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Endocrine Abstracts (2008) 16 S24.2

State of the art in the therapy of pituitary disease

Medical therapy of Cushing’s disease

Rosario Pivonello

Department of Molecular and Clinical Endocrinology and Oncology, ‘Federico II’ University, Naples, Italy.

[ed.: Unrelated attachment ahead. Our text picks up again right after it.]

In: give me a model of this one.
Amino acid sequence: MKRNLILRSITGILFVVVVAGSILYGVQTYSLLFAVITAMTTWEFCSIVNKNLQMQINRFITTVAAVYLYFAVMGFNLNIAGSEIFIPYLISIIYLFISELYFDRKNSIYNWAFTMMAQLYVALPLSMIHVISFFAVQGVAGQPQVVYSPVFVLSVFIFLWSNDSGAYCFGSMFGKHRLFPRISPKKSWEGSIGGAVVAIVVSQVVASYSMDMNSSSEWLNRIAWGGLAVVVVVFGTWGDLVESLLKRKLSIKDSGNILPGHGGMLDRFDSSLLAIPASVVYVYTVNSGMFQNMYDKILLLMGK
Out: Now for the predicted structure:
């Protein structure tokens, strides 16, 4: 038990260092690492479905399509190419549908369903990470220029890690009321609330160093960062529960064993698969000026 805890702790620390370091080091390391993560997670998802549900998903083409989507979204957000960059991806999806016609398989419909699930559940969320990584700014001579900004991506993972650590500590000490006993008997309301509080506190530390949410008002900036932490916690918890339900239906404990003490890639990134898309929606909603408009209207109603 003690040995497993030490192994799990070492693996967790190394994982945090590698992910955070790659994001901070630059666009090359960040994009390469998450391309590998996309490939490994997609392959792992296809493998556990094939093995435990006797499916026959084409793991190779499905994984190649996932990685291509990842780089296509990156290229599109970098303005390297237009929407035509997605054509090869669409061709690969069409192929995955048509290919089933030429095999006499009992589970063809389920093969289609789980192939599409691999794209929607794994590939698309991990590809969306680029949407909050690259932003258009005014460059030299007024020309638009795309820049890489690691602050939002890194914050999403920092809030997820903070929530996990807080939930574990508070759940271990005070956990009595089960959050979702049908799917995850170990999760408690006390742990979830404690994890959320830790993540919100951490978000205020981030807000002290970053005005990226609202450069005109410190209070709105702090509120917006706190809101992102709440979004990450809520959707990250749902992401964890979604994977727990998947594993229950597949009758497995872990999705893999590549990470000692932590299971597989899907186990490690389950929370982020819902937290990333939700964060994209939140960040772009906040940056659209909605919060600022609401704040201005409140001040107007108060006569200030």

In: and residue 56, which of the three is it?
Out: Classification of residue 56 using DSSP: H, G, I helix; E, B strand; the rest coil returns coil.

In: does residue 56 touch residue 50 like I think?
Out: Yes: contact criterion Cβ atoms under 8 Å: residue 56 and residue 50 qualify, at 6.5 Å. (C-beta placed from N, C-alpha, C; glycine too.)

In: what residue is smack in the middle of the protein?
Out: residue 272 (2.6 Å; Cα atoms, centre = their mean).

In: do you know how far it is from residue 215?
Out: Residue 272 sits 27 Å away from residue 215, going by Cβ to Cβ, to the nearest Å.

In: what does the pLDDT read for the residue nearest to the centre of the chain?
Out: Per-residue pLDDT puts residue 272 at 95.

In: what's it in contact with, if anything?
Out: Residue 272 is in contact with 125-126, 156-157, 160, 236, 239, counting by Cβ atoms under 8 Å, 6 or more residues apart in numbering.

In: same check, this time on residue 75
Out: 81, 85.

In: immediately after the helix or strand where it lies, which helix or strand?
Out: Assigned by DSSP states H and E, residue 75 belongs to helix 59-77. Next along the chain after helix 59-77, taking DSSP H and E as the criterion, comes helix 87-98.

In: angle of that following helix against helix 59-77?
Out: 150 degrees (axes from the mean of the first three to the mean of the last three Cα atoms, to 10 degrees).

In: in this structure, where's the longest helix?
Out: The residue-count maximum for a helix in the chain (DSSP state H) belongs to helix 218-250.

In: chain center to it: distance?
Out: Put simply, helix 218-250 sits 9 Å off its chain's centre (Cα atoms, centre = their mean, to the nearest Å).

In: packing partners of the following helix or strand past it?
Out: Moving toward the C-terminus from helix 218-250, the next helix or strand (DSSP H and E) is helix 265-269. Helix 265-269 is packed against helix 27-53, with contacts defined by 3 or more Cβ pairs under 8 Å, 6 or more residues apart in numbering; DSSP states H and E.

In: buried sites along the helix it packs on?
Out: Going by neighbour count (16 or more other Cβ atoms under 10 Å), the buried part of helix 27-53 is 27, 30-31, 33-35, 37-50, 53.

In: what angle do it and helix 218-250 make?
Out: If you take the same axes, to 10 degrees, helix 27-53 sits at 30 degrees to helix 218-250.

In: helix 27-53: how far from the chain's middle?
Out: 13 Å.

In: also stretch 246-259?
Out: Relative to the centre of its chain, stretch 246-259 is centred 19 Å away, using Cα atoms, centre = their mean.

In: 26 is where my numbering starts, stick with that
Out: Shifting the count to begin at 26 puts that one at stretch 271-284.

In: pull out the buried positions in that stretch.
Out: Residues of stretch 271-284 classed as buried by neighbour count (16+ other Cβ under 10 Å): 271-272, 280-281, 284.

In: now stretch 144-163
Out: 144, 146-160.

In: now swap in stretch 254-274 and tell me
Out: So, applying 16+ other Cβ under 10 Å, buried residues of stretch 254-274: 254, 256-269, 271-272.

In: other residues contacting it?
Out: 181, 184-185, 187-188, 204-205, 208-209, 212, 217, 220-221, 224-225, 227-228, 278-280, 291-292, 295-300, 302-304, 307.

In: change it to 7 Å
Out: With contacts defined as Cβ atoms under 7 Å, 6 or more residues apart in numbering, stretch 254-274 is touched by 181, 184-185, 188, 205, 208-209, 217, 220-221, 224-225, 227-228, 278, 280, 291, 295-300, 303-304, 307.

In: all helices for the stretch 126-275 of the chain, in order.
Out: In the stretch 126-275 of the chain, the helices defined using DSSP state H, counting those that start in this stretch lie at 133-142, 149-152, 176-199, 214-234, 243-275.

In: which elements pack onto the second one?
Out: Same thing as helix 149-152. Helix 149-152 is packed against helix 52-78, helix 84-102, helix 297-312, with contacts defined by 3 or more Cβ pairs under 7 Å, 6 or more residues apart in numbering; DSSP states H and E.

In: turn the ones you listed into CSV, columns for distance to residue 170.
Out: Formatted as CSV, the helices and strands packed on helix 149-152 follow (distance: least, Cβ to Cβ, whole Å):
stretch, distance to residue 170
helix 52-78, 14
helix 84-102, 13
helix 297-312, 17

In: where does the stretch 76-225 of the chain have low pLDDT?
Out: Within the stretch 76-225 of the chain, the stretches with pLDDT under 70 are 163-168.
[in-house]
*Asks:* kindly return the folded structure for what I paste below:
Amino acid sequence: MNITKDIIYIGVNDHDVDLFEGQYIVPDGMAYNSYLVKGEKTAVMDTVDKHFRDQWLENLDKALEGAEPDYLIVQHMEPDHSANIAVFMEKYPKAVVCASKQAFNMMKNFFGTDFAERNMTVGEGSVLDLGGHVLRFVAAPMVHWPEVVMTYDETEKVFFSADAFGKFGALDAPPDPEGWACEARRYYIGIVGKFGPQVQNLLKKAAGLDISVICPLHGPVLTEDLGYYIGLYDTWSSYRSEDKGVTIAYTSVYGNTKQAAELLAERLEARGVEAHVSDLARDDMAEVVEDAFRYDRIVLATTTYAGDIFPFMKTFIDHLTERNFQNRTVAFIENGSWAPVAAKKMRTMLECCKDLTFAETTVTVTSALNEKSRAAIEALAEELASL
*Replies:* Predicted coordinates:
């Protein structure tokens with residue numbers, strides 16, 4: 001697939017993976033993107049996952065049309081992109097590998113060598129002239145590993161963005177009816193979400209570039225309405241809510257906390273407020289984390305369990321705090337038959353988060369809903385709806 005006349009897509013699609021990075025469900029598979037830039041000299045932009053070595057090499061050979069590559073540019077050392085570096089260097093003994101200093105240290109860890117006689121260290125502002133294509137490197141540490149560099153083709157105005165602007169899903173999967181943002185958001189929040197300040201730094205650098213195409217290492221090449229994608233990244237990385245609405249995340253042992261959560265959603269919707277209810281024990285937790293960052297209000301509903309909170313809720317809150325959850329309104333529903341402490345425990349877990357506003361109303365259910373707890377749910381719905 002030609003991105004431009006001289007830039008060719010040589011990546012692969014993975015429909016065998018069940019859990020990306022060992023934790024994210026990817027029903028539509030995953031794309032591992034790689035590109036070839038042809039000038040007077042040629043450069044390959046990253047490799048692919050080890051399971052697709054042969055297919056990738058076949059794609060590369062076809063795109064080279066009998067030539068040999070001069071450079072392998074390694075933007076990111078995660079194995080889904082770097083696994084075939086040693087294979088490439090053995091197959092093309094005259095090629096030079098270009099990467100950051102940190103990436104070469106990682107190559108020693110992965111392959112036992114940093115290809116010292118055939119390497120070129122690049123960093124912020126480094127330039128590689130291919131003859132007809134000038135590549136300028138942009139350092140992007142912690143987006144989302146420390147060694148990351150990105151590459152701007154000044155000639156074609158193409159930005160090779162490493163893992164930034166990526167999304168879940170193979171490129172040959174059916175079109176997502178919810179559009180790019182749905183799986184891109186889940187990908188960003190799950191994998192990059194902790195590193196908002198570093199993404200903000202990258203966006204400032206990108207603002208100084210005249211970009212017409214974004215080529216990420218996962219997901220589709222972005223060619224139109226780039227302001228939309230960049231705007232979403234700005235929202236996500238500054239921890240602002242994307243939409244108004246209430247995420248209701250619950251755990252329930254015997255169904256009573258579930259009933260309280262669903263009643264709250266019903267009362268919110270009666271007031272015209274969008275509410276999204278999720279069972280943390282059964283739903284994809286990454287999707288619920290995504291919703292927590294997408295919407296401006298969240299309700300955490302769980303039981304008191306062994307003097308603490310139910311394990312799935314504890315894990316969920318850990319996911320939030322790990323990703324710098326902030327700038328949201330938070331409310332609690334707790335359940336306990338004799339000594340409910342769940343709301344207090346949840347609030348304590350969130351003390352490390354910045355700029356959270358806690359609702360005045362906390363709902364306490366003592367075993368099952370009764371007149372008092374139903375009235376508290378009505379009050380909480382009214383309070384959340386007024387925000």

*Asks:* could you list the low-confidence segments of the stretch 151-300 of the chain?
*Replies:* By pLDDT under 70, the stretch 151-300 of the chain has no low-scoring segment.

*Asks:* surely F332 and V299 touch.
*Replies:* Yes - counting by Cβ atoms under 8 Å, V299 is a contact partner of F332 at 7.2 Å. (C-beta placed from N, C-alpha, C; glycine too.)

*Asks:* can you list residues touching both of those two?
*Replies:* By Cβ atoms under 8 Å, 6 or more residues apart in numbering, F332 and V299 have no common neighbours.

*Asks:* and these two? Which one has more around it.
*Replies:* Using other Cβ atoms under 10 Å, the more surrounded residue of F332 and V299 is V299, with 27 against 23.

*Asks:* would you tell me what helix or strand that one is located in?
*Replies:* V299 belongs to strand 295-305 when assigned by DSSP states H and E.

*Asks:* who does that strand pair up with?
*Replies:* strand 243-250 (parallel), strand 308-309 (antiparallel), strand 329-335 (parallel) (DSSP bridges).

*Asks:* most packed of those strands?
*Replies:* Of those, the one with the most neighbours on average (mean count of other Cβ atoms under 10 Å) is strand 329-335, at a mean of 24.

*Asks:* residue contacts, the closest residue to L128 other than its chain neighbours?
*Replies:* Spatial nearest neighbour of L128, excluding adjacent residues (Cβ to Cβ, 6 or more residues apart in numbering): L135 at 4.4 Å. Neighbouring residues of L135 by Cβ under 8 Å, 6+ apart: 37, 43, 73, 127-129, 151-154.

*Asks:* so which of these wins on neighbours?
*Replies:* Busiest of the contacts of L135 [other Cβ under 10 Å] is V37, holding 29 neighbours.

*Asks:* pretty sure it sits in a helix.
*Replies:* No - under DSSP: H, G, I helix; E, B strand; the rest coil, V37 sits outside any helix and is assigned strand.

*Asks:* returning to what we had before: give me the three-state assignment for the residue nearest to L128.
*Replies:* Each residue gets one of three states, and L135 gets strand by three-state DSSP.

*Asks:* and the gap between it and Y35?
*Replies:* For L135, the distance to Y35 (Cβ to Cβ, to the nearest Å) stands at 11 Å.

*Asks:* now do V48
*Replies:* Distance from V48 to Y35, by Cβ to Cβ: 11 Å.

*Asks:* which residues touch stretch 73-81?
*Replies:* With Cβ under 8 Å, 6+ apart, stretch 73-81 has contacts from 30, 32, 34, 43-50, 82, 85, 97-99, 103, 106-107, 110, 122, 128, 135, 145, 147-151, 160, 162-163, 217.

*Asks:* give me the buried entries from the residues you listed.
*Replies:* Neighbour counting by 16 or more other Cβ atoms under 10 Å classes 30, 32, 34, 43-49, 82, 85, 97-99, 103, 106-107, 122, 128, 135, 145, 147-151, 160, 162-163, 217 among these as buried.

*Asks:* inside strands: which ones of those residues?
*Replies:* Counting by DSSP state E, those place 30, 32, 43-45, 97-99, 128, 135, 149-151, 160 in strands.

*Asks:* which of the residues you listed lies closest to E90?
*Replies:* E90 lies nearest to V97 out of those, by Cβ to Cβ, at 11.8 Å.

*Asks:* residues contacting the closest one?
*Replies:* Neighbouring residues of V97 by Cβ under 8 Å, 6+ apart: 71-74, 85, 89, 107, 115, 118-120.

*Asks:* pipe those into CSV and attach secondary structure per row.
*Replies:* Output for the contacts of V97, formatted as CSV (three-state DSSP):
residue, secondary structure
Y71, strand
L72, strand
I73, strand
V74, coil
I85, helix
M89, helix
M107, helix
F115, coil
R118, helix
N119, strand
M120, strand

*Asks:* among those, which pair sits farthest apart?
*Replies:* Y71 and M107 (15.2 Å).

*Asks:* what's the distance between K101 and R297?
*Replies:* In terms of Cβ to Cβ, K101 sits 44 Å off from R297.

The first-line therapy of Cushing’s disease (CD) is pituitary surgery, whereas pituitary radiotherapy and bilateral adrenalectomy represent alternative treatments for patients not cured by surgery. Medical therapy has a minor role in the management of CD, and it is mainly based on the use of two different categories of drugs, the adrenal-blocking drugs, which act at the adrenal level, and the neuromodulatory drugs, which act at the pituitary level. These drugs are not usually effective as sole long-term treatment of the disorder, and are used mainly either in preparation for surgery or as adjunctive treatment after surgery and/or radiotherapy, waiting for their definitive effectiveness. Among the adrenal-blocking drugs, the most commonly used agent is ketoconazole, which has a rapid onset of action, but it is frequently associated with loss of control of hypercortisolism, a phenomenon known as escape, and is affected by gastrointestinal side-effects, including a liver dysfunction, which rarely induce a severe hepatitis with acute liver failure. The neuromodulatory drugs include a long series of agents which, however, have been never demonstrated a great effectiveness to be routinely used in the management of CD. Recently, the peroxisome proliferators activated receptor γ agonists were demonstrated to induce short-term control of cortisol, with later escape. The possible role of dopamine agonists has been reconsidered in the treatment of CD as short-term treatment with cabergoline was demonstrated to normalize cortisol secretion in 40% of patients with CD. Preliminary data on long-term treatment suggested that more than one third of patient is controlled by cabergoline. The possible role of somatostatin analogues has been also re-evaluated in the treatment of CD as a newer somatostatin analogue, pasireotide has been demonstrated to inhibit cortisol secretion in a subgroup of patients with CD. Combination treatments with dopamine agonists and specific somatostatin analogues or low-dose ketoconazole might represent effective treatment for CD.

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